east new york, housing, deed theft, street
Photo: MMZach for Wikimedia.

A program designed to stop deed theft amongst Brooklyn’s vulnerable homeowners has been expanded to protect the borough’s renters, Brooklyn Daily Eagle reports.

Attorney General Letitia James and Brooklyn District Attorney Eric Gonzalez have expanded the Protect Our Homes initiative, launched in January to combat deed theft, to add protections for renters facing eviction as a foreclosure crisis looms.

Brooklyn District Attorney Eric Gonzalez. Photo: Brooklyn DA website.

“The impending housing crisis in Brooklyn will have devastating effects on our community,” Gonzalez said. “We must do everything in our power to protect homeowners and renters from unscrupulous actors.”

Protect Our Homes was initially launched to protect homeowners from deed theft scams through community education and outreach, enforcement, and policy and legislative proposals. It established a task force to educate New Yorkers across the five boroughs about the problems of deed theft and housing scams.

Gonzalez and James said deed thieves target elderly residents of color in high-demand housing areas. In 2019, 29-year-old Jordan Horsford was convicted of third-degree grand larceny after he convinced his 85-year-old neighbor to sign away the deed to his East New York home.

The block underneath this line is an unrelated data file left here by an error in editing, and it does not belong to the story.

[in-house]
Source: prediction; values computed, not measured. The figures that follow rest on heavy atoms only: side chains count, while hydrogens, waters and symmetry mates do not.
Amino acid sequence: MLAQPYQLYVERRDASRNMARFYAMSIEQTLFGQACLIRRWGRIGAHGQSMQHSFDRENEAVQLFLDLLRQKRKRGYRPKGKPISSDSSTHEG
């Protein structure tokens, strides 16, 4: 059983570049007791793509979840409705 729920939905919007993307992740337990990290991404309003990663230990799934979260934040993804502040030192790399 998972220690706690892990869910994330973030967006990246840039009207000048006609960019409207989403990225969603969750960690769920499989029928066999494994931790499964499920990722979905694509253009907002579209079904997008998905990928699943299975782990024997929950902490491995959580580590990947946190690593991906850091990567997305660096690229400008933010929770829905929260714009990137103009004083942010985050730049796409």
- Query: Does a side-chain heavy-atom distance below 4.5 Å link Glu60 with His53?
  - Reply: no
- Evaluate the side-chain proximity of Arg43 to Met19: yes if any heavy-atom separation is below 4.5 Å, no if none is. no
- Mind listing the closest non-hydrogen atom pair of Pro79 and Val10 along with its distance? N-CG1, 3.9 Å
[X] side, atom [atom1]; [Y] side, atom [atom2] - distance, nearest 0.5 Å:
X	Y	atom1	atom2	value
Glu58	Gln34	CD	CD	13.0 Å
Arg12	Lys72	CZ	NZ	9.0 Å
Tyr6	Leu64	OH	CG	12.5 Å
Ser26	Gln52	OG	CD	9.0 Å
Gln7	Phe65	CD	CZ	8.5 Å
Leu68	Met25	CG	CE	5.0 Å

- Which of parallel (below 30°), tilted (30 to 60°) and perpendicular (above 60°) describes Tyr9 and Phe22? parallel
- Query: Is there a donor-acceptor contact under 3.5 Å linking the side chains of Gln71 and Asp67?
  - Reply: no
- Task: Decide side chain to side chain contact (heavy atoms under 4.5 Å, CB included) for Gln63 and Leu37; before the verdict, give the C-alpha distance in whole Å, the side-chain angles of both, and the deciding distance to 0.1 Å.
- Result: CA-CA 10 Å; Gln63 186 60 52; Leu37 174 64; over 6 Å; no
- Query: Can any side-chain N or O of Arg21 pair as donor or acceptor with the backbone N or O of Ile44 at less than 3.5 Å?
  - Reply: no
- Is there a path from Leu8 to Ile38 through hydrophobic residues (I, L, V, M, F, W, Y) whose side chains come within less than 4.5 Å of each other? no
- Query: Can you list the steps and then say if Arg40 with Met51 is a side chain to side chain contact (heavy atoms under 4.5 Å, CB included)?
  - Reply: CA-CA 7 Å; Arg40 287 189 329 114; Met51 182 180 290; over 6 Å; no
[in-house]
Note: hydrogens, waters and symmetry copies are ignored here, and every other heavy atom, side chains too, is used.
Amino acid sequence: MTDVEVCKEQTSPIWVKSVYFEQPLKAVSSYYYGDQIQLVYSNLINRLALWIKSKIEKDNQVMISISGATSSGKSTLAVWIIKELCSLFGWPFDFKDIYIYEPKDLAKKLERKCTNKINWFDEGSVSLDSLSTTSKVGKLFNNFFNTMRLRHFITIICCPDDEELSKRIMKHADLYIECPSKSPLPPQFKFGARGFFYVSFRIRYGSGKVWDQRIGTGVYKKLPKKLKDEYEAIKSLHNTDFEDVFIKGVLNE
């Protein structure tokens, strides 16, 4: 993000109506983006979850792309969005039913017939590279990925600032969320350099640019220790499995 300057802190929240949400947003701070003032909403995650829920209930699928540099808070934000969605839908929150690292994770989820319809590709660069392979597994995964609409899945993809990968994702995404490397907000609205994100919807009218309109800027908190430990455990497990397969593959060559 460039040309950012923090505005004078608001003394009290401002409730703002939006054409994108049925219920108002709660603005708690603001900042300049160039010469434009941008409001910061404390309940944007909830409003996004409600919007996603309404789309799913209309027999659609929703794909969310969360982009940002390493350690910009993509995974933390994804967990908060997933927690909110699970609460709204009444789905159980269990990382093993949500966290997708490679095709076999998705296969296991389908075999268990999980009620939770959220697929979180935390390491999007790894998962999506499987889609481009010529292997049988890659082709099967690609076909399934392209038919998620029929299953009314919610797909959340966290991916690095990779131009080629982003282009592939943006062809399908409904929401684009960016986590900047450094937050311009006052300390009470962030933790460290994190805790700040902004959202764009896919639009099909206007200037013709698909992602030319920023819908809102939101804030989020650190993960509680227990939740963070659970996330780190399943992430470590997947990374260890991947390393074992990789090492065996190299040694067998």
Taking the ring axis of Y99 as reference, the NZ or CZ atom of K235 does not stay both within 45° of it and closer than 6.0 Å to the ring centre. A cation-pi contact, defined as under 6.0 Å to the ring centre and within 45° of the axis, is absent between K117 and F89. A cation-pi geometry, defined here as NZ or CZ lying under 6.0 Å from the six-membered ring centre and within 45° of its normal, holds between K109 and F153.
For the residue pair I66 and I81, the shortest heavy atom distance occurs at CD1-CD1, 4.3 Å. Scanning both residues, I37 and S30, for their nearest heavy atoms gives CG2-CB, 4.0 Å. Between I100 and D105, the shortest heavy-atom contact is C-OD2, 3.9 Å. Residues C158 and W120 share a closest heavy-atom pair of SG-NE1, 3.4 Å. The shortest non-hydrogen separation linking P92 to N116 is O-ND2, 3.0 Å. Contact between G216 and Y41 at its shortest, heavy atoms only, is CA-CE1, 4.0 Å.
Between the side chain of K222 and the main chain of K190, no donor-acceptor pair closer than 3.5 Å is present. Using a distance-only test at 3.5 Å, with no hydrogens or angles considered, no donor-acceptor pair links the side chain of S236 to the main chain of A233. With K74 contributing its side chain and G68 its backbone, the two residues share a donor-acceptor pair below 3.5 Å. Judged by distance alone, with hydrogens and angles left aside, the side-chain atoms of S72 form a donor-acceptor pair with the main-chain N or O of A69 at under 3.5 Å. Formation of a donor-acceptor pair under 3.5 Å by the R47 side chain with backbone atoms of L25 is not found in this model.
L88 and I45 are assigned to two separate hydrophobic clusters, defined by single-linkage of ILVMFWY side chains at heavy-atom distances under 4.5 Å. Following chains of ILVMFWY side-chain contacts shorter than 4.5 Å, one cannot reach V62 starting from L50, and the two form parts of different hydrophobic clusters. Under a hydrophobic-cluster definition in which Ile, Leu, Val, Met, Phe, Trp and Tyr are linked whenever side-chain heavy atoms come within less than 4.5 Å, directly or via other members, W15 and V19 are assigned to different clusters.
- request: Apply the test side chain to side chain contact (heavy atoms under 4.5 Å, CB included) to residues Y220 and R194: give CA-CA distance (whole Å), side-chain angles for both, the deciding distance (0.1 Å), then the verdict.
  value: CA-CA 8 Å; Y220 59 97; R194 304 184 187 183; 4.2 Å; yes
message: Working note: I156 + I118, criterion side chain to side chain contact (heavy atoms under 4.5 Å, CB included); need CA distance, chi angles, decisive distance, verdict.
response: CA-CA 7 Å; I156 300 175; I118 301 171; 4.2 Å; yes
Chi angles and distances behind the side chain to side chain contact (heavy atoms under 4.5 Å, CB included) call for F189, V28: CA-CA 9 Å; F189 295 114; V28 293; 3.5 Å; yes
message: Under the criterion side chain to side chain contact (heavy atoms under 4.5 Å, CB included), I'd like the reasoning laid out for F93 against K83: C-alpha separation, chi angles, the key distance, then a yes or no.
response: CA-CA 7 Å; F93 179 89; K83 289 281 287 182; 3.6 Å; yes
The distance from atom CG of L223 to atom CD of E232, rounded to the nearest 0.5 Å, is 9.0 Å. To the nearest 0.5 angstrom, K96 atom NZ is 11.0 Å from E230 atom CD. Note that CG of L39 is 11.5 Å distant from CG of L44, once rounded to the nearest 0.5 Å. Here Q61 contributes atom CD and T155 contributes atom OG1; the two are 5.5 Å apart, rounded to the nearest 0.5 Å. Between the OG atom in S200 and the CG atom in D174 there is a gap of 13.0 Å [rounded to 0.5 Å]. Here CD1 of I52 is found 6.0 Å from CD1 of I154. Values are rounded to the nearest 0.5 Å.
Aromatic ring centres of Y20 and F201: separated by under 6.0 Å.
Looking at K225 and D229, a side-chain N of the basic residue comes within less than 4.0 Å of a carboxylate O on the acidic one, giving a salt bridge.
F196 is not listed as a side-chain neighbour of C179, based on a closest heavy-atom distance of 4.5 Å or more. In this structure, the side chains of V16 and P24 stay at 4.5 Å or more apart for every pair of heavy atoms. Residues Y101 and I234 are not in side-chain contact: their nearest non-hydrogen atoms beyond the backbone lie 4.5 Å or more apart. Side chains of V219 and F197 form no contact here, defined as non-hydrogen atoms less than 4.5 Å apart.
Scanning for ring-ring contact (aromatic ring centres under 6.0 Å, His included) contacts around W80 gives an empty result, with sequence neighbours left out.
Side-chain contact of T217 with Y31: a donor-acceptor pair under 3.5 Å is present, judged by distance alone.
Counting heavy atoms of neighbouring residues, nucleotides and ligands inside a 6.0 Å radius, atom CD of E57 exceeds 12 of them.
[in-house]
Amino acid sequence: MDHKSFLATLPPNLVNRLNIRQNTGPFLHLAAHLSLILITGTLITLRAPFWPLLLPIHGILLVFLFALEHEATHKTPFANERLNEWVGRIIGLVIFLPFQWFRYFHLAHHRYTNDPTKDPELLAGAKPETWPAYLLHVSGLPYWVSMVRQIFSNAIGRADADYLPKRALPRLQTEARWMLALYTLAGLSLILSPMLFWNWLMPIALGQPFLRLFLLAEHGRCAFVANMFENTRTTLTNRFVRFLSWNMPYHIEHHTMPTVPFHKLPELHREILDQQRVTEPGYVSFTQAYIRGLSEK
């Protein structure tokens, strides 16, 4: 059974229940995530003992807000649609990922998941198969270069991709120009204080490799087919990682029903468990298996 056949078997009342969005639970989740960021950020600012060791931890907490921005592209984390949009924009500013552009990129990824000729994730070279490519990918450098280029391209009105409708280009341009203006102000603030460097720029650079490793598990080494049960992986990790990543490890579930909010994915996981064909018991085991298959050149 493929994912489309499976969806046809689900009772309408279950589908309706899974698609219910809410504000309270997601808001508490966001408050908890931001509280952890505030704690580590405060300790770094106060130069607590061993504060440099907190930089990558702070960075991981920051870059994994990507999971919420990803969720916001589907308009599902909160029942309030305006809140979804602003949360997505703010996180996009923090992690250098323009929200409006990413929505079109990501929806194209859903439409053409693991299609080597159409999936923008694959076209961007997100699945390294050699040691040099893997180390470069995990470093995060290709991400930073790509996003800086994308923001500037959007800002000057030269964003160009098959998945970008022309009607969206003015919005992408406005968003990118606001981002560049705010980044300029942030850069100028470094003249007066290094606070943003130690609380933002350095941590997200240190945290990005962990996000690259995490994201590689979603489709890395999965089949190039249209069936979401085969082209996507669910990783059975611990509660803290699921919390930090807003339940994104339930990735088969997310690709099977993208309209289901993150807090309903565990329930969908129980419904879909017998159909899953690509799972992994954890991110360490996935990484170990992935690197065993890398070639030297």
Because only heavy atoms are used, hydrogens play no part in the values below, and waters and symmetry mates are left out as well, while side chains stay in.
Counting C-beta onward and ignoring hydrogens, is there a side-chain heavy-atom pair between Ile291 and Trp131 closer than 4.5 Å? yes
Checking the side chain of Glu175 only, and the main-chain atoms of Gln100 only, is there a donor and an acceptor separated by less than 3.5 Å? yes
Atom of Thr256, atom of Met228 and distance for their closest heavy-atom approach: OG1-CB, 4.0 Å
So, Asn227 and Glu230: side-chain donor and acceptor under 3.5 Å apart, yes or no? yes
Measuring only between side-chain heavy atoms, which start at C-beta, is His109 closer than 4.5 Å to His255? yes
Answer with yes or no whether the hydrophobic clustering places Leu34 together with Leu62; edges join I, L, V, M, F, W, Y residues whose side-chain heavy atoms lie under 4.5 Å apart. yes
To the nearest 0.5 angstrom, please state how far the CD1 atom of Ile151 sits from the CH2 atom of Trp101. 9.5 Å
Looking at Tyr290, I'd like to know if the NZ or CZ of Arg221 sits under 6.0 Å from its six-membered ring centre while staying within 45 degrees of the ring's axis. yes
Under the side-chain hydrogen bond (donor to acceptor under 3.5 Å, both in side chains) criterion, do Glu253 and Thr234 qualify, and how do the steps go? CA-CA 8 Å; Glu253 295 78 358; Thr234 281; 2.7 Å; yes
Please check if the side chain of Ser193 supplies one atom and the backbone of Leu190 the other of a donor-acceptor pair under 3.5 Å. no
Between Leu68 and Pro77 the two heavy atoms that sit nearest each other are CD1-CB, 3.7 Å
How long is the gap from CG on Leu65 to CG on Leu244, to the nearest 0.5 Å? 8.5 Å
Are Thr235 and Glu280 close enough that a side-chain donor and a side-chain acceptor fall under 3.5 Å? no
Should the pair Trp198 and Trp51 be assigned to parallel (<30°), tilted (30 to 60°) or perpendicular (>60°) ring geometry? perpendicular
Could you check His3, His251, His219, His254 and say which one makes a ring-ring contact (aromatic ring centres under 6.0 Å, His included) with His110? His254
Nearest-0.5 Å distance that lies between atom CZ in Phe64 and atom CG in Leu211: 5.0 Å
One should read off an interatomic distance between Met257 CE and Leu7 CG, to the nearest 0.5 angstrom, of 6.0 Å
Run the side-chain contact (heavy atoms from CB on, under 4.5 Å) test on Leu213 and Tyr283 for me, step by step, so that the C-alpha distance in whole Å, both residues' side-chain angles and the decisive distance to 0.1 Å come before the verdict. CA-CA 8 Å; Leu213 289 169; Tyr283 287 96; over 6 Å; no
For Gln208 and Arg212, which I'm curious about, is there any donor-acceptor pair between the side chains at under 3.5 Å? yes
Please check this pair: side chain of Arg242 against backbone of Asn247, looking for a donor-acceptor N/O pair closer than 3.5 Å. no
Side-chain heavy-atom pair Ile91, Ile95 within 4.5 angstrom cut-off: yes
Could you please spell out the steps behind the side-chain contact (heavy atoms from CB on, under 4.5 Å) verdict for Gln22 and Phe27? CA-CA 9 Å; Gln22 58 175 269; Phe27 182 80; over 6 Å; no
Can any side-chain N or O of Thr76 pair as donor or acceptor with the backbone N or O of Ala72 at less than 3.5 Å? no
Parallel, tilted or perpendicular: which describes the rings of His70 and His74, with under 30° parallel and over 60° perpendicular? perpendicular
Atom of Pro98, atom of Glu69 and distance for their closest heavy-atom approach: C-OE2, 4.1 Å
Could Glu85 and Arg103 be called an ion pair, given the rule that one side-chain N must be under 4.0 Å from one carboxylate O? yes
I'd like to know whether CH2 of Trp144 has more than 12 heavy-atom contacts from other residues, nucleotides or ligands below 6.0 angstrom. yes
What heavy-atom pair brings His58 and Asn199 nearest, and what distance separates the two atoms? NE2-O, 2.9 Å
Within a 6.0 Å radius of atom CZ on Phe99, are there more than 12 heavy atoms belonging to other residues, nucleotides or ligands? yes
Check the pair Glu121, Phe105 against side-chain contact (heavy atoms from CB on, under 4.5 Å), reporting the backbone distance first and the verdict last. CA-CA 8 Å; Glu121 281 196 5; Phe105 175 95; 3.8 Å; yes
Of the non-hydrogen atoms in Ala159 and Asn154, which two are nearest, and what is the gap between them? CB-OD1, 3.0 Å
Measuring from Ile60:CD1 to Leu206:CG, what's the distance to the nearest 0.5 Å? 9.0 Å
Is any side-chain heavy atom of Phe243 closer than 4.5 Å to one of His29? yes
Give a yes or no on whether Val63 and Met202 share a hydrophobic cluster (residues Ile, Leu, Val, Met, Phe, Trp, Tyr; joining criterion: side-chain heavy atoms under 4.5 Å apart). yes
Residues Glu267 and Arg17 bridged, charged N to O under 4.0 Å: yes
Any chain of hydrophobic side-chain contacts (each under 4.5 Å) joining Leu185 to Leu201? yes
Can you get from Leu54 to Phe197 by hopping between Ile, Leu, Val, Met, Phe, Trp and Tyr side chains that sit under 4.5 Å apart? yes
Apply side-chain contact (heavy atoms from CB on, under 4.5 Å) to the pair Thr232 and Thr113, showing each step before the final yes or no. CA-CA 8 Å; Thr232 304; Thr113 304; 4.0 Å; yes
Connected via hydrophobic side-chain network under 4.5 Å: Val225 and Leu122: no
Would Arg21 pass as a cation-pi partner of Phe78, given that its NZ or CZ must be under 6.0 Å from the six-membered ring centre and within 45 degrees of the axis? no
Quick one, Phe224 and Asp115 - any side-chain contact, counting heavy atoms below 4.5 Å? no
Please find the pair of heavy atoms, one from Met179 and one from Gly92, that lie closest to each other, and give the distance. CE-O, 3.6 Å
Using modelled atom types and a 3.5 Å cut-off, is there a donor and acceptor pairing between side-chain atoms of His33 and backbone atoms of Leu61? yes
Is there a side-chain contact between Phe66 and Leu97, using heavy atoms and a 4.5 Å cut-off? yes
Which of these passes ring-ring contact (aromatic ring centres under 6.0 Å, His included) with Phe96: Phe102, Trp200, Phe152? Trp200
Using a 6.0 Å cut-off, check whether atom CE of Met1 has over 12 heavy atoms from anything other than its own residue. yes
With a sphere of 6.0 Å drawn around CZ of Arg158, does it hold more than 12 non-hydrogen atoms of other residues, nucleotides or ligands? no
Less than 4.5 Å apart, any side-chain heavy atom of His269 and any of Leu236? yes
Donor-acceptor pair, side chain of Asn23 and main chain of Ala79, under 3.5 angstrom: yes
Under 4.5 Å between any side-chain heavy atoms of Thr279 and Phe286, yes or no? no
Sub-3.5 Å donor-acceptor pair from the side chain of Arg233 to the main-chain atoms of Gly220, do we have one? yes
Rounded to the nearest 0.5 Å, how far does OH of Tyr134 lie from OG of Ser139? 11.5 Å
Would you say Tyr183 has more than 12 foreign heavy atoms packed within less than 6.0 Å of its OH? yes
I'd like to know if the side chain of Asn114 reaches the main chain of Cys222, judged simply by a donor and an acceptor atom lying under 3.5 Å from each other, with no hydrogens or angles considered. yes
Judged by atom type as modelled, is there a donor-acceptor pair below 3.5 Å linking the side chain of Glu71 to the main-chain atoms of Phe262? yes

AG James. Photo: A. Leonhardt for BK Reader

At the time of sentencing, Gonzalez said: “I urge seniors and their family members to protect their homes, especially as property values continue to rise in Brooklyn, by taking care not to sign any documents pertaining to their properties without the advice of a reputable attorney.”

James said the COVID-19 pandemic had put New York on the verge of an acute housing crisis, with longtime homeowners already grappling with deed theft fraud and now economically challenged renters would soon be facing evictions.

She said the taskforce would discuss the emerging trends putting people at risk of displacement, review complaints and take appropriate action as needed. The taskforce would also work to educate renters facing eviction about their rights and connect them with lawyers through New York City’s Right to Counsel law, she said.

“I am committed to working with District Attorney Gonzalez and our other government and legal service partners to use a combination of education and enforcement to help our neighbors stay in their homes,” James said.


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